Cricket and HIV campaign hits the road aboard the “Let’s talk” bus in Sri Lanka
21 September 2012
A bus embossed with HIV messages, red ribbons and the faces of world cricketing stars is making a whistle stop tour through more than a hundred sites in Sri Lanka. Carrying young volunteers, the bus is part of the HIV awareness-raising campaign “Let’s talk” taking place around the world Twenty20 cricket tournament that runs from 18 September to 7 October in Sri Lanka.
An integral part of the joint UNAIDS, UNICEF and the International Cricket Council (ICC) partnership known as ‘Think Wise’, the bus has been on the road since late August. Using the power of cricket it aims to reach out to thousands of young people in Sri Lanka providing them with HIV information as well as inviting them to talk about AIDS.
Serving as the face of the roadshow, Sri Lankan cricketing hero and ‘Think Wise’ Champion Kumar Sangakkara’s message is featured on the side of the bus: “When you know the facts, you know what to do. Get the facts. Protect yourself against HIV”.
As the bus pulls up at one of the designated stops, the vibrant young volunteers greet locals with music, dance and organize activities including street cricket and an HIV quiz. With tickets to the Twenty20 final as the prize, the quiz along with the other activities is intended to help promote key HIV prevention and anti-discrimination messages.
The roadshow interactions are clearly showing that public knowledge of HIV is still extremely low—which means the bus and the AIDS response in Sri Lanka still have a long journey
Roadshow team leader, Hans Billimoria
“Education programmes through entertainment are really needed as they reach out to young people, especially those most at risk,” says ‘Think Wise’ roadshow volunteer Paba Deshapriya as she invites young people attending to sign on a giant wicket in support for the Sri Lankan team at the Twenty20 tournament. At the same time, she presents them with red ribbons and information about HIV services they can access in their area.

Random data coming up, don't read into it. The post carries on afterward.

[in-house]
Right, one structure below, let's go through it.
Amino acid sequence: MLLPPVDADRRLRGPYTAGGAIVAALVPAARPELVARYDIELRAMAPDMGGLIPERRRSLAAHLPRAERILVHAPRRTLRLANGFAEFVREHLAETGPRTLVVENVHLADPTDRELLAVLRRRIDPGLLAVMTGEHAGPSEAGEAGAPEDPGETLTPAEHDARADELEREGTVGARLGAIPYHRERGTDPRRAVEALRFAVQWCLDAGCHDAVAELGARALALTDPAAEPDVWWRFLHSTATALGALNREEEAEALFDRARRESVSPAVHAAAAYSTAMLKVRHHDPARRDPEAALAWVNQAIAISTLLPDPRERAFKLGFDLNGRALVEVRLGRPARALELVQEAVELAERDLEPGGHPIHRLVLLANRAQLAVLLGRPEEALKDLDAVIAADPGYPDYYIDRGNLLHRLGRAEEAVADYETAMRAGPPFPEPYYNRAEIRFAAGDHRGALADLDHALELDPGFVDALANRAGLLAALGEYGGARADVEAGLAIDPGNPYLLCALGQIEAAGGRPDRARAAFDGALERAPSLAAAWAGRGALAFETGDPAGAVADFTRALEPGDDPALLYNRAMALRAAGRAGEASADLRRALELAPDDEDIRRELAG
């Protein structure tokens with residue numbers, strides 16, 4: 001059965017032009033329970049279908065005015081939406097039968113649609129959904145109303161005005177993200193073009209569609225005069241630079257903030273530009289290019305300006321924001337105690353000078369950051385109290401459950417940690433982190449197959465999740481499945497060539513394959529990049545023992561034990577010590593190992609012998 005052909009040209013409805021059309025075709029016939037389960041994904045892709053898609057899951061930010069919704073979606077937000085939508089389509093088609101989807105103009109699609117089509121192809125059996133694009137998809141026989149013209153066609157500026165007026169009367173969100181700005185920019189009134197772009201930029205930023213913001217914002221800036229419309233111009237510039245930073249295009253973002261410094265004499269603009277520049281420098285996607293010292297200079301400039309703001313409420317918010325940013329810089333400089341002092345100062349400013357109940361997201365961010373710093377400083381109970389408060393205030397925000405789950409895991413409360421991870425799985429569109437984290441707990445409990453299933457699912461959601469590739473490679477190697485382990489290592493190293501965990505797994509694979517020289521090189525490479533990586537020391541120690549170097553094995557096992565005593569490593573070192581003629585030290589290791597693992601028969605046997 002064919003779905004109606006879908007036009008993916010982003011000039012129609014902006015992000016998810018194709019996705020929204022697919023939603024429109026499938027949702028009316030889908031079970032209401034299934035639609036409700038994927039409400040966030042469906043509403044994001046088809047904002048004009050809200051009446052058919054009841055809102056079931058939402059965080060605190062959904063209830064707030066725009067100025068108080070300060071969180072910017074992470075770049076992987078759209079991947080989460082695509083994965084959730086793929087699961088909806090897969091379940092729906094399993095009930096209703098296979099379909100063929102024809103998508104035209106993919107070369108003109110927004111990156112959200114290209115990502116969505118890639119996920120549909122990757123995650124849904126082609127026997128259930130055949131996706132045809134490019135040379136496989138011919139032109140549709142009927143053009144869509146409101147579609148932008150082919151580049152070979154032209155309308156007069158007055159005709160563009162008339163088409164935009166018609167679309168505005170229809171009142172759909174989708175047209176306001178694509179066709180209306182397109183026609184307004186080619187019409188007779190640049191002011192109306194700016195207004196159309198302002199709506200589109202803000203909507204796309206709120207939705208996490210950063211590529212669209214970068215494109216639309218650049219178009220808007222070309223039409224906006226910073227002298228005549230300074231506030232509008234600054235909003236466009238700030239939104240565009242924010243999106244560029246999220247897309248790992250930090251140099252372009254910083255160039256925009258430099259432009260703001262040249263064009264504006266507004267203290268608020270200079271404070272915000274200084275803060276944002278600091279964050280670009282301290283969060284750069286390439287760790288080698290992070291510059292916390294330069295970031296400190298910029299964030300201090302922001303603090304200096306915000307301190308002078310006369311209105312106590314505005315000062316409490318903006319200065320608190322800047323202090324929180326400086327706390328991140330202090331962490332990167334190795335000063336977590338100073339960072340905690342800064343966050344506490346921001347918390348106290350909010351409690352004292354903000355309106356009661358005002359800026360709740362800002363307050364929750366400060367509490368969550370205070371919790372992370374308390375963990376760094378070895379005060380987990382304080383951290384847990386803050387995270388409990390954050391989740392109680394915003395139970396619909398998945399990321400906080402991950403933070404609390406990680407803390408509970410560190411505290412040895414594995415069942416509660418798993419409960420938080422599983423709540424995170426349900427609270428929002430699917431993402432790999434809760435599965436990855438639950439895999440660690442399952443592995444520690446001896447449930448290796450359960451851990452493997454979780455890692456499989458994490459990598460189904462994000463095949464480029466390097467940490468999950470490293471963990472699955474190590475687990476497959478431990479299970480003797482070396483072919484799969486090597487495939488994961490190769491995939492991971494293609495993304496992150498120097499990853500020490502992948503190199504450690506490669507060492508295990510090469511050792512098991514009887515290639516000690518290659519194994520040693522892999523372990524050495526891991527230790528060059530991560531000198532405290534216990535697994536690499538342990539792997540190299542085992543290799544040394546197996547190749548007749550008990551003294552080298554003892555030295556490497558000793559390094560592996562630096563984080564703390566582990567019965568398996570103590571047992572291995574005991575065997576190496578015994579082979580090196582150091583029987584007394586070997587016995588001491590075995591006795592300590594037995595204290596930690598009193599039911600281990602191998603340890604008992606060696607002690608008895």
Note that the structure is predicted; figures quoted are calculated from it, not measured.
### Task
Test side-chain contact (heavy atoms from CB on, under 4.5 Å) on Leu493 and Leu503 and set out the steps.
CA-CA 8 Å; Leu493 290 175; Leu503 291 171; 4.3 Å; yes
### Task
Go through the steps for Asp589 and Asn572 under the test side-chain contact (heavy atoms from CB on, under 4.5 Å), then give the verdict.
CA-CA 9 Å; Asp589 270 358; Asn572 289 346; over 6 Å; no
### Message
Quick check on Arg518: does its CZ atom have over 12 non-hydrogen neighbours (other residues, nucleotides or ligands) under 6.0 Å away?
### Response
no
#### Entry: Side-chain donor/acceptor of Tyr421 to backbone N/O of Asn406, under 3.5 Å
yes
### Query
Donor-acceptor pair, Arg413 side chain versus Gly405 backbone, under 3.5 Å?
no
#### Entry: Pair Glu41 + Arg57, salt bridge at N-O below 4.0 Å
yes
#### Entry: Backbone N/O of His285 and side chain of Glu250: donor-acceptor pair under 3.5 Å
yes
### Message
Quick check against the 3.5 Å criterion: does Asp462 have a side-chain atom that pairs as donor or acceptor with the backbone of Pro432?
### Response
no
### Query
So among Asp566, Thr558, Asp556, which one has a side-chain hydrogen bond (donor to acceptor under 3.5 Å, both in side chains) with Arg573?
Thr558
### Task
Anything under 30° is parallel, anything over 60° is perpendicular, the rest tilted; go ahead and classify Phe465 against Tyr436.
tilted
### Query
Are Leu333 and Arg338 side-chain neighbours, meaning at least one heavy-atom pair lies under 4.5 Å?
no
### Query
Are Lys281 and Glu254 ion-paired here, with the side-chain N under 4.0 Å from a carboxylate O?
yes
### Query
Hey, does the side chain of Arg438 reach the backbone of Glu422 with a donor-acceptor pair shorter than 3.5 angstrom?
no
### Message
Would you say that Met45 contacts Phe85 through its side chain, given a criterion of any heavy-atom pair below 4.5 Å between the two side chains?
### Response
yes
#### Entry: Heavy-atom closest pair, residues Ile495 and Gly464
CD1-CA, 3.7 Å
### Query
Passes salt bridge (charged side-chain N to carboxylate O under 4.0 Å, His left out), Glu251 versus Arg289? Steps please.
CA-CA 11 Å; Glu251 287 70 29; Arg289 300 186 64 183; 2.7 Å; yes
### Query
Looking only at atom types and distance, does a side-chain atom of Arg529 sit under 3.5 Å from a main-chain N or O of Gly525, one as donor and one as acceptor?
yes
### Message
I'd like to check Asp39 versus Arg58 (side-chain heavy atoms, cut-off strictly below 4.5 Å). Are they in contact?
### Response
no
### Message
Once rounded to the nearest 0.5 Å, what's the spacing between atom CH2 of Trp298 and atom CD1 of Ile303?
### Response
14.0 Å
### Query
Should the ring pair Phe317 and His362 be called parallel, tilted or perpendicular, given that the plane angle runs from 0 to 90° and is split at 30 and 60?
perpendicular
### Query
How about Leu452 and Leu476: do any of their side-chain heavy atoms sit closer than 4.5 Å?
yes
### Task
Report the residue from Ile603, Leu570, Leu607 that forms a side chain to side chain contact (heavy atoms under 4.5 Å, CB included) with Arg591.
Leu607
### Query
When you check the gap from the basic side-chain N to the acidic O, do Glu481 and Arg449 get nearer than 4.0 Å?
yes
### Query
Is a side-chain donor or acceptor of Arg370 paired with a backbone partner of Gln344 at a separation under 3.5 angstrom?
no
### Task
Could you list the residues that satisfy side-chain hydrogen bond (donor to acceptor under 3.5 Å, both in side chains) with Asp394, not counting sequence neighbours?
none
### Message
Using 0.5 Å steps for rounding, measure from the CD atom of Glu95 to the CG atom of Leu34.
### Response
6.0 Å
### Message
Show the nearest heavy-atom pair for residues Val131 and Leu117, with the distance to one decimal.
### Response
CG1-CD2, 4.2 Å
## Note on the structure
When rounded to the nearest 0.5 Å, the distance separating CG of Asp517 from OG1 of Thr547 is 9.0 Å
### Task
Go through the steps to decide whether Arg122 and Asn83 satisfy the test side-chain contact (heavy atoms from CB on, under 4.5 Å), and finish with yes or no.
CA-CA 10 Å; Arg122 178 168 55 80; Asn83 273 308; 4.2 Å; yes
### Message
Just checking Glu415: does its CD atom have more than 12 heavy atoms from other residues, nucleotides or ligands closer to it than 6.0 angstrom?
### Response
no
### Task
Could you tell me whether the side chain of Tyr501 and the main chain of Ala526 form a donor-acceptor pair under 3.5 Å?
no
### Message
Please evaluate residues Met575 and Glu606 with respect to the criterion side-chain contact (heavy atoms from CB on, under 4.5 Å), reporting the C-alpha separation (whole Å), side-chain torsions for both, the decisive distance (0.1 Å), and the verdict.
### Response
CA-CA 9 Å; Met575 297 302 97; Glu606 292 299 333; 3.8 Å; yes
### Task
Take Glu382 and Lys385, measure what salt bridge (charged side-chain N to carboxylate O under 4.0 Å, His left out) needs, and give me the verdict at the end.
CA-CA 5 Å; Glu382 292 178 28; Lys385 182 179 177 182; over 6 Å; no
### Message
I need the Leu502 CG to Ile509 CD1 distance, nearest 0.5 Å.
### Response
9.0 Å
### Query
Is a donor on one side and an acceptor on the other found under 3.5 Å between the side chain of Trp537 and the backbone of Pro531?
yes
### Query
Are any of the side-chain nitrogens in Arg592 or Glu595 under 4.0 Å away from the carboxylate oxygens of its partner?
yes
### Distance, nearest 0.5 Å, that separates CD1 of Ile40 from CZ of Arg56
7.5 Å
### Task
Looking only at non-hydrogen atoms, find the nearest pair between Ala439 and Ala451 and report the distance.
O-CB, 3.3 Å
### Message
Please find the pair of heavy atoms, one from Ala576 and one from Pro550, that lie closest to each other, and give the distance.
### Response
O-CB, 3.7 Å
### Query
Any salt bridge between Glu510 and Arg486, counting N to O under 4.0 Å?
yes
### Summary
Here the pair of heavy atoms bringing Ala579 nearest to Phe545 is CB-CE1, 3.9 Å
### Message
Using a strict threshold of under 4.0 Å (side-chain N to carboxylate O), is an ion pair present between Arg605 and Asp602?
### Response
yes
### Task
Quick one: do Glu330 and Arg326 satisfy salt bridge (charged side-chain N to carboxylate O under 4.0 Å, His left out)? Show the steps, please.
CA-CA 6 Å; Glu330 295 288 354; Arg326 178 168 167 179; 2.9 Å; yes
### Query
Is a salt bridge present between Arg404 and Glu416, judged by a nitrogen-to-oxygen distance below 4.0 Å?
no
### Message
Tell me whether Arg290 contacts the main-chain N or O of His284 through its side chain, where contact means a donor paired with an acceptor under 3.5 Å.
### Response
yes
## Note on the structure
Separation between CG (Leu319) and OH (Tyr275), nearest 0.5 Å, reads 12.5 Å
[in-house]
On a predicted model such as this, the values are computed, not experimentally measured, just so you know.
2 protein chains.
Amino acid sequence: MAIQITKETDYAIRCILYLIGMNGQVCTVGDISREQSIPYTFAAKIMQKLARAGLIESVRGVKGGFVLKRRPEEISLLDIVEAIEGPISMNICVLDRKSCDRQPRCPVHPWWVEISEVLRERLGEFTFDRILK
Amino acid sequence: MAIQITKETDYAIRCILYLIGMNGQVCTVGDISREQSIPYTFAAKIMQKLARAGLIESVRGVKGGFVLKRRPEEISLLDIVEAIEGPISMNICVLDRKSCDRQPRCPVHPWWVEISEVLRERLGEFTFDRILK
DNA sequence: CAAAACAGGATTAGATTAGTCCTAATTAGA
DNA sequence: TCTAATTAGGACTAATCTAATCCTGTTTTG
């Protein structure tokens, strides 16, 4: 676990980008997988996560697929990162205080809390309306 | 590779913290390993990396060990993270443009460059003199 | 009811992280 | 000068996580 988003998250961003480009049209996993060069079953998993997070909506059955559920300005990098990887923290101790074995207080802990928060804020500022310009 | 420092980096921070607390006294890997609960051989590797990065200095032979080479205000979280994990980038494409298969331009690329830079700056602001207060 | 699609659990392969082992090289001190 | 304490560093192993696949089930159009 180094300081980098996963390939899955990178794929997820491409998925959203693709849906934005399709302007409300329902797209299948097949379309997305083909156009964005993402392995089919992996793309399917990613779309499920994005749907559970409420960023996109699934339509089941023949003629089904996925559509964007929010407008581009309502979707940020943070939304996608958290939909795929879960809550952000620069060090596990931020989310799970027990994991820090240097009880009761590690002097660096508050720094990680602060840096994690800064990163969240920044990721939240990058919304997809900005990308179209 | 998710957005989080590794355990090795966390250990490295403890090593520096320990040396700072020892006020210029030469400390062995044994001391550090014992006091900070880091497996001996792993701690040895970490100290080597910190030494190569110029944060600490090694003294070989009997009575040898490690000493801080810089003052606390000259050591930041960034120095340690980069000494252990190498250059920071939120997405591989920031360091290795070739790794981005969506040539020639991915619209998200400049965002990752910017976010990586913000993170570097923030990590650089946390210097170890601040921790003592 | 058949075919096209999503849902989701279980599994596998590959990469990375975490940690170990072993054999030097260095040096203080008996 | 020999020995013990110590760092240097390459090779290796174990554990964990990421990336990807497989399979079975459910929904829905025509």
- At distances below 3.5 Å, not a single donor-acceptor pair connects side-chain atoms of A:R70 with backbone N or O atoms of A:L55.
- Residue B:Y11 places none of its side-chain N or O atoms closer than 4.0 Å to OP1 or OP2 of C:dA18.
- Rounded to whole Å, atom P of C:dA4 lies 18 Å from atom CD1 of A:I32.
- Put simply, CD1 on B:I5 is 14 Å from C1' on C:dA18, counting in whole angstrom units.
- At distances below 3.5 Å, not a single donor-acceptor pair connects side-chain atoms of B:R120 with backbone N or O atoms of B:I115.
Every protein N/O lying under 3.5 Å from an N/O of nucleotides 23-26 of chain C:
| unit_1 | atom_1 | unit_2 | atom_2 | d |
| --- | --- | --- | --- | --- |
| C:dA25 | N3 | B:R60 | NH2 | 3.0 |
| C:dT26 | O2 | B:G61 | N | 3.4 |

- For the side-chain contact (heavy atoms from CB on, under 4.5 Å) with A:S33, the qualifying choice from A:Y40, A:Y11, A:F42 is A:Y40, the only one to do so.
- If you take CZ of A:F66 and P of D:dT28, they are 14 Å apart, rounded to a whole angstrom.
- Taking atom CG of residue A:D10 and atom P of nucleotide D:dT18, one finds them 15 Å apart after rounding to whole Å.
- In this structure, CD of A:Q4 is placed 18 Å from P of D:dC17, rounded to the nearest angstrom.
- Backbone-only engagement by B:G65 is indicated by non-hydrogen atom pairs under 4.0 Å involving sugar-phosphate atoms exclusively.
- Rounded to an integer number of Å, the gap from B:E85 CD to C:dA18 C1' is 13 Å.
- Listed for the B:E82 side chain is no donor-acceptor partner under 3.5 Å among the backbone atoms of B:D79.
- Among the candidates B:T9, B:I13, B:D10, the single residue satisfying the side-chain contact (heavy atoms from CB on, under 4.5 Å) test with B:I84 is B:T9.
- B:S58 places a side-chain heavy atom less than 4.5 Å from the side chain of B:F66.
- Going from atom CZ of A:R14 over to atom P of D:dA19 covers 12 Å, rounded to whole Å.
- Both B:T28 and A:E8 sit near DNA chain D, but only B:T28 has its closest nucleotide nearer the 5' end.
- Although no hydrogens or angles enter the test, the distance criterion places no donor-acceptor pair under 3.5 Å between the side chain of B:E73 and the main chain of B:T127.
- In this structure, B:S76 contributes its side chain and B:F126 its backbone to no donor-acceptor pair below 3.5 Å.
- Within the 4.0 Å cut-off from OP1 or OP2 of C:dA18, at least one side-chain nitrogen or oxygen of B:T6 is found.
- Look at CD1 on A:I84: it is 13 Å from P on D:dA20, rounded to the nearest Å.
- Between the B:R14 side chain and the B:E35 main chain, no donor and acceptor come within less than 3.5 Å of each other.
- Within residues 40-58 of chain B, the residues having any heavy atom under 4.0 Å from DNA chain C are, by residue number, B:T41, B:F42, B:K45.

“The roadshow interactions are clearly showing that public knowledge of HIV is still extremely low—which means the bus and the AIDS response in Sri Lanka still have a long journey,” said roadshow team leader Mr Hans Billimoria.
Under the broader umbrella of the ‘Think Wise’ campaign, the bus roadshow is the result of a diverse national partnership in Sri Lanka that includes UNAIDS, UNICEF, Family Planning Association of Sri Lanka, the National STI/AIDS Control Programme, the National Youth Council, the community organization Grassrooted and local youth organizations. The initiative aims to not only give clear and up to date information on HIV, dispel AIDS-related myths and challenge social stigma against people living with HIV but also to link people with local HIV services including HIV testing and counseling, treatment and support.
Despite a relatively low HIV prevalence in the country (less than 0.1%), stigma and discrimination against people living with HIV and key affected communities is high and presents a major barrier to the HIV response. National surveys suggest that many people at higher risk of infection delay testing themselves for HIV and coming forward for treatment because they are concerned by the implications of testing HIV-positive and the confidentiality of their HIV status.
Dr Nimal Edirisinghe Director of the Sri Lankan national STI and AIDS Control Programme said, “This is an ideal opportunity as the campaign actively links young people to HIV prevention and treatment services.”
According to the UNAIDS Country Coordinator for Sri Lanka Mr David Bridger an AIDS-free generation is within our reach. “That’s why through the ‘Think Wise’ campaign we say: ‘Let’s talk – Get the Facts – Protect yourself’ encouraging open dialogue on sex, sexual diversity, risks and HIV prevention methods,” he said.
As the bus continues its journey through Sri Lanka, additional HIV activities related to the ‘Think Wise’ campaign will take place during the Twenty20 tournament. These include screenings of a public service announcement at every match, the wearing of red ribbons by players in the semifinals and interaction events between cricket players from the West Indies and South Africa teams and young people.